Conditions for this past Thursday's observation started off okay, even though seeing left something to be desired. Hoping the downpour today cleans things up and steadies things down. But got two good observations in before the sky went to mush around 9 or so. The Sculptor galaxy, or the Silver Coin - NGC 253 has been on my list for some time but just never got around to it, so I put it at the head of the line and followed with the pair in Pisces as that was their highest placement for the session.
NGC 253, the Sculptor Galaxy, or Sliver Coin in Sculptor:
Finally got around to this one! It's around 11.5 million ly distant and I was surprised at how big it was in the eyepiece. Only M31 is bigger in my experience. 253 is an intermediate spiral, with dust making it hard to make out any arm structure, even with really big telescopes. It’s also a starburst galaxy undergoing a lot of star formation. Caroline Herschel, not William this time, discovered it while looking for comets in 1783.
Observing: Started out with the 21mm at 145x and at first it didn’t seem that impressive. I’m going to blame the run of poor transparency we’ve had. But over time more details began to show themselves, and I went through the 13mm @ 235x and the 8mm @ 381x to see if I could pull out more. Things got a bit mushy at 381x, but at least it helped to confirm the detail that showed up in the 13mm. However, the galaxy was too big for that eyepiece even with the Ethos’s 100˚ view. So, for the sketch I went with the 21mm view, including the details picked up or confirmed with higher powered EPs.
There are a number of threshold stars that helped to define the limits of the halo. It just seemed to keep growing, first in AV and then direct. The halo was rather mottled but did show a bit of streaking particularly to the north, but there was also a bit of that to the south near the halo’s edge and to the west of the bright foreground star. There is a dust lane just outside the core on the northern side which gets wider as it curls around to the west (left in this view) and then south. There are also suggestions of it extending somewhat to the east, and perhaps a segment of an additional one as well in that direction.
The core itself is not uniform in shape nor in brightness. It’s elongated and has an odd curve to the south where it also seems a bit brighter. There is mottling in the core area as well. It’s not as distinct as say M31’s or M104’s, but it does stand out from the halo in its irregular way.
The two brightest stars in the field clearly mark the galaxy to the south of the core, and along with them, a rather dimmer pair forms the other side of a trapezoid to do the same for the northeastern side.
Even though 253 did not grab me at first look, it grew clearer with time and displayed an intriguing character. Why did it take me this long?
Sketching: white pastel pencils and white pastel powder on Bachmore 92 lb. black multimedia paper. Big targets use a lot of brushes, and 253 was no exception. The overall extent of the halo was laid down with a #12 Filbert, with #8 and #2 Filberts defining the edges of the halo and creating the core. Details in both were handled by the #5 pointed brush and the 12/0 mini angular, including the #5’s ability as an eraser. The dust lanes were created with the kneaded eraser and partially filled back in with the pointed and mini angular brushes. The mini angular did the streaking with other brushes blending them out.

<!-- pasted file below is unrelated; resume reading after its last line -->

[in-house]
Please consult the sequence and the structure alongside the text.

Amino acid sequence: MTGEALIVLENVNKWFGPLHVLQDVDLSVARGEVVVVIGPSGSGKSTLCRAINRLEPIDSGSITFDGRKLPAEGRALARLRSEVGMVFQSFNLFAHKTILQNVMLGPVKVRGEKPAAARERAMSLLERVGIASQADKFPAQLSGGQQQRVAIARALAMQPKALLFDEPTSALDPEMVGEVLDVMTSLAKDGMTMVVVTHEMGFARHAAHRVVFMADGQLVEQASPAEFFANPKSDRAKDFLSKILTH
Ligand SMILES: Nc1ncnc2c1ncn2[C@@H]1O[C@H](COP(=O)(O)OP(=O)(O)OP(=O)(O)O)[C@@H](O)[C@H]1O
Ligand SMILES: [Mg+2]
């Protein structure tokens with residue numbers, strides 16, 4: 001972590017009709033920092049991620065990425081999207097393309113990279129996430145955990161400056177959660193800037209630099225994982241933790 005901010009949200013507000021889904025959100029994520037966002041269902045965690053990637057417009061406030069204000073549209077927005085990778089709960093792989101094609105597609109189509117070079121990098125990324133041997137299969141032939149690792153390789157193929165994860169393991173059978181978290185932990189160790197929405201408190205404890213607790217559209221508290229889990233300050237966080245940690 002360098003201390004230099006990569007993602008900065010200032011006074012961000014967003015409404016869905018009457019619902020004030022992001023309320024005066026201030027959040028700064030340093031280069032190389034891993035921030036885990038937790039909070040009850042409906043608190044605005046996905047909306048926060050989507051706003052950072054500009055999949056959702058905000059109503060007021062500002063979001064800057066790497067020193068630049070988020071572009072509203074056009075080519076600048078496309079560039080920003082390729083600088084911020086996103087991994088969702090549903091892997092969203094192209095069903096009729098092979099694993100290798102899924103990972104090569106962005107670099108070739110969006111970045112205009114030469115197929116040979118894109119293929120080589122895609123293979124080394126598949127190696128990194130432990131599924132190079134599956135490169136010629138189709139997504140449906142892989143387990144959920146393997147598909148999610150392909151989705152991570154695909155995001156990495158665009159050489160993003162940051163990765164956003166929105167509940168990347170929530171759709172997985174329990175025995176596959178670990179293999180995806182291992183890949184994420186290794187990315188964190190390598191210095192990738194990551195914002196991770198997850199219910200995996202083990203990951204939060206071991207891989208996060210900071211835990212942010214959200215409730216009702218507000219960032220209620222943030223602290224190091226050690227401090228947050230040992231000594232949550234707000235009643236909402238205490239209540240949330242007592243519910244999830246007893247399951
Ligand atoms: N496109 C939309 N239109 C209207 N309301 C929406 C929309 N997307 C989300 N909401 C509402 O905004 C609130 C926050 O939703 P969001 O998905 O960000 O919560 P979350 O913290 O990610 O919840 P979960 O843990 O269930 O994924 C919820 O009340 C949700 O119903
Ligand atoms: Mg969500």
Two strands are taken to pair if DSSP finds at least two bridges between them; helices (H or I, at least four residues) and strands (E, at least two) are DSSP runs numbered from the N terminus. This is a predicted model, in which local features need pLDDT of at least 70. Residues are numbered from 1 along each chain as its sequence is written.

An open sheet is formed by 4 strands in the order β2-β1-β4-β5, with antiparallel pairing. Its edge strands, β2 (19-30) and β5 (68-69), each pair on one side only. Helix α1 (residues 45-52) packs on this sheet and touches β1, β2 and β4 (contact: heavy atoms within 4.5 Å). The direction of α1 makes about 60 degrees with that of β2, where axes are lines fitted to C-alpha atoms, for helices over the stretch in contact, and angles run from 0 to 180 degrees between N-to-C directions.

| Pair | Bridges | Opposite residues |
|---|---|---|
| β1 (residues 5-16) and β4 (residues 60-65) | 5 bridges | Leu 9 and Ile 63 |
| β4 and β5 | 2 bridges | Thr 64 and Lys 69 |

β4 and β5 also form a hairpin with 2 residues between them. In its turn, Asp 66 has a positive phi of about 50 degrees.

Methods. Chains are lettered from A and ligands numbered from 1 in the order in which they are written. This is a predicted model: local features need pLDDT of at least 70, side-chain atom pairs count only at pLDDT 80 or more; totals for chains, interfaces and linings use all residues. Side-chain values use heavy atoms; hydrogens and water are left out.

NGC 7541 and 7537 – interacting spiral galaxies in Pisces:
At 104 million ly and 127 million ly distance respectively, NGC 7541 and 7537 show signs of interaction, primarily due to two tidal tails extending from 7541. That galaxy also has an Active Galactic Nucleus (AGN) that is partially dust obscured. Both are barred spirals, and the significant star formation lends to the theory that bar structures channel dust and molecular clouds in to form stellar nurseries. 7541’s rate of formation is well above the average. It was discovered in 1785 by Willliam Herschel. Guess his sister was still looking for comets.
Observing: A fairly distinct star field surrounds this pair, with a fairly bright equilateral triangle to the east-southeast (up in this view). A shallow curve of stars is off the western ends of the galaxies.
7541 is clearly the larger of the two and has a somewhat brighter halo than its smaller companion, even though it's rather diffuse especially at the ends, but not a brighter core. Both the halo and core are highly elongated. The core does stand out from the halo in shape and brightness, but not distinctly so. There is a threshold star at the eastern tip of the halo. The tidal tails were not seen.
7537 is smaller and fainter, but its core is the brighter of the two, and also more concentrated. Elongated, though not as much as 7541’s, the core of 7537 is distinct from the halo and at first was seen without it. Over time the halo’s size displays itself, but is still best appreciated in AV. The galaxy lies at an angle to its larger companion, appearing to point toward its eastern tip. It also has a faint threshold star at its western tip.
Sketching: white pastel pencils and white pastel powder on Bachmore 92 lb. black multimedia paper. The halo of 7541 was drawn with a #6 Filbert brush, with its ends, its core, and the halo of 7537 placed by a #2 Filbert. A #5 pointed brush drew 7537’s core.
Thanks for looking. Clear skies and dry paper everyone!